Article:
Truck permits drive fears


The current moratorium on horizontal hydrofracking of gas wells in New York state finds citizens fairly evenly divided on whether the process should be allowed. But there is no division on the proposition that contaminated wastes from the process must be prevented from poisoning the water sources on which our lives depend.

In Chautauqua County, where so much of the economy is based on tourism, fishing, attendance at the Chautauqua Institution and dairy farming, preserving our lakes, streams, springs, and wells is a top priority.

Accordingly, The League of Women Voters was astonished to learn that the county has issued overweight permits to let a hydrofracking operation in Pennsylvania transport wastewater over our county roads from one site to another in Pennsylvania.

Upon inquiring of Chautauqua County Executive Greg Edwards’ office, we were told that the county’s income from the permits would repair any damage to our roads from the heavy vehicle traffic, and also that Julius Leone, the county emergency services director, had been notified to prepare remedies in case of spills.

These responses seem entirely inadequate to us. The Times Observer of Warren, Pa., which reported the permits on Feb. 21, quoted the fracking operation’s president Karl Kimmich as expecting eight to 10 truckloads a day to pass over the roads.

We don’t know how accurate this projection may be, but even if the eight to 10 trips are made by eight to 10 trucks, at $250 a year per truck the total doesn’t seem to result in nearly enough money to make any substantial repairs. The county overweight charge of $250 a year is the figure named to us by the county Public Facilities Department. The roads involved are reported to be County Road 33 to Panama Rocks and Weeks Road to Columbus Township, Pa. The unaccustomed weight of wastewater trucks on these roads is sure to damage them over the life of the operation.

But paying for any needed repairs is the least of it. What of the potential for spills into creeks or ponds or for seepage into the water table under a field by the side of the road? Accidents to heavy trucks on wet or icy roads are scarcely unheard of in our area, and we have been told of incidents in which tired or uncaring truckers have simply dumped their loads into any nearby stream. With the best of intentions and abilities, Mr. Leone can do nothing to prevent such accidents or misdemeanors, and it’s hard to see what he could do to clean polluted water that had seeped into a field or stream. Especially since the chemicals used in the fracking water are classed as trade secrets: we don’t even know what they are.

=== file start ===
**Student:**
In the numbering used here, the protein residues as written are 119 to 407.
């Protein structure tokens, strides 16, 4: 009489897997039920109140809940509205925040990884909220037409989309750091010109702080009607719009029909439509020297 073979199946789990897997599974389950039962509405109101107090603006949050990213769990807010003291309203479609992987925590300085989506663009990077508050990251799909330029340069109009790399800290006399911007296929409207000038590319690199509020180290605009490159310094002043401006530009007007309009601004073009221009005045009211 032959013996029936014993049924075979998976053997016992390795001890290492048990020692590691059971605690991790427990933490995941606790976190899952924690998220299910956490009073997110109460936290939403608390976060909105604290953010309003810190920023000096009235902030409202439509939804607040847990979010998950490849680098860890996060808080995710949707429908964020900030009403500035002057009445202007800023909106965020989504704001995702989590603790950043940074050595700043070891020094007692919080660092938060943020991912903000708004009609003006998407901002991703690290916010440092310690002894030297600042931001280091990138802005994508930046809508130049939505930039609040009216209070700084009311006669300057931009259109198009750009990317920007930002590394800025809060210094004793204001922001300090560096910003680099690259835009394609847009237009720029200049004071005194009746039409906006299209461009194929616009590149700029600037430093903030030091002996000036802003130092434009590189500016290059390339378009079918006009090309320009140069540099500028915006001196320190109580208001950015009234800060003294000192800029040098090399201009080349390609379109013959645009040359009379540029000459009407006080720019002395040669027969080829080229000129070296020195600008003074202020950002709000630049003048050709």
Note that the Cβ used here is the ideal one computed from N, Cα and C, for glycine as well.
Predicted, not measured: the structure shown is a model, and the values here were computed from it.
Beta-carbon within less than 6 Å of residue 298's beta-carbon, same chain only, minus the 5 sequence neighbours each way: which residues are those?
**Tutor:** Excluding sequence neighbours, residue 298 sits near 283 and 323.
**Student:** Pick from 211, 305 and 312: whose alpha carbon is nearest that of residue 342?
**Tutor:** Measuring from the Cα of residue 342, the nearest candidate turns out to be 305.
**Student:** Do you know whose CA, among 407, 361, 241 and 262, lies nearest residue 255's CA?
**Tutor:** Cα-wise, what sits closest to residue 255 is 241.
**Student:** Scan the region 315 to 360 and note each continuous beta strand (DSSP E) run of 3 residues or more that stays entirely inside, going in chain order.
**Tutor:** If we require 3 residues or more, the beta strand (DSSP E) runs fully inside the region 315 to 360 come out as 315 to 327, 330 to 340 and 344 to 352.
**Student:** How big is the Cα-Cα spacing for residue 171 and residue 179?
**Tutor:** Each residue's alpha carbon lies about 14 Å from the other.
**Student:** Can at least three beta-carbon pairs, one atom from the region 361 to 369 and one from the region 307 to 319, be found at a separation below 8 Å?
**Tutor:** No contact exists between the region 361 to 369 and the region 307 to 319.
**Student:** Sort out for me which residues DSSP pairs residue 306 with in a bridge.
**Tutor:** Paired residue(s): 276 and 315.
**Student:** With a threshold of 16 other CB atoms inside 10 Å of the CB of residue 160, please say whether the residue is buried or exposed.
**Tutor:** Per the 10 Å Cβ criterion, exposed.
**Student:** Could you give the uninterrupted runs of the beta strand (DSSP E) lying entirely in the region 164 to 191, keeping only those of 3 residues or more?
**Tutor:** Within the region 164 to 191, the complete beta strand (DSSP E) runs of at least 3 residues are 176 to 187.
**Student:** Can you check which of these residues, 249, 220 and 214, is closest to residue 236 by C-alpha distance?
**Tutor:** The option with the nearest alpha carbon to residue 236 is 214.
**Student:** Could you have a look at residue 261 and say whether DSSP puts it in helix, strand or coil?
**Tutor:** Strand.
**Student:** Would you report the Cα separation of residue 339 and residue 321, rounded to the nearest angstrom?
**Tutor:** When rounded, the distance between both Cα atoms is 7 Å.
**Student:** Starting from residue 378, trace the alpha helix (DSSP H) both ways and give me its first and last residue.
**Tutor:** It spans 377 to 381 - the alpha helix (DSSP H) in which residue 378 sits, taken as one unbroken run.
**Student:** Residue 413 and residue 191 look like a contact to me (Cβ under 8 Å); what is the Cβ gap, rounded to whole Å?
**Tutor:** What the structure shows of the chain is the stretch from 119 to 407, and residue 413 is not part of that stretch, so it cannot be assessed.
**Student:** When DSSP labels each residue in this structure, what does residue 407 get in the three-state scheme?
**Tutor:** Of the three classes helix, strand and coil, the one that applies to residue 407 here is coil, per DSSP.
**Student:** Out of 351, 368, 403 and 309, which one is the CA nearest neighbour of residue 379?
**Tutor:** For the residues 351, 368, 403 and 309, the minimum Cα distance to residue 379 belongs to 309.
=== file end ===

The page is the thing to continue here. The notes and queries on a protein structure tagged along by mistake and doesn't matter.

To make matters worse, we have learned that the wastewater carried over our roads is to be poured into two disused 30 year-old gas wells in the community of Bear Lake, Pa. It seems there are homes with children bordering on the dumping area and some of those homes are actually in state.

The EPA has permitted the use of the now refurbished wells for waste disposal, over the protests of residents of Bear Lake, who petitioned unsuccessfully for two years to prevent the decision. These residents are on record as fearing the old wells may leak and they’re worried that their water supply will be polluted. So must we be: there is nothing to stop the wastewater from seeping into Chautauqua County from just across our border.

We have heard that Mr. Edwards says he had no choice but to issue the permits once transport of the waste had been approved. But the EPA approval of the Bear Lake wells cannot affect transport in Chautauqua County, and New York’s DEC doesn’t govern transport of hazardous materials through New York from one out-of-state place to another. So it’s not clear what permit is involved.

The proposed fracking safeguards now under moratorium give counties the sole authority to decide on the use of their roads, showing the state’s current thinking on this problem. And if Mr. Edwards now has the authority to issue overweight trucking permits, why has he no authority not to issue such permits?

Pending information to the contrary, we call on him to retract the permits. We also call on him to refrain from taking such actions in future without open discussion in the Legislature and without consulting the public.

Minda Rae Amiran is a Fredonia resident and member of the League of Women Voters Chautauqua County.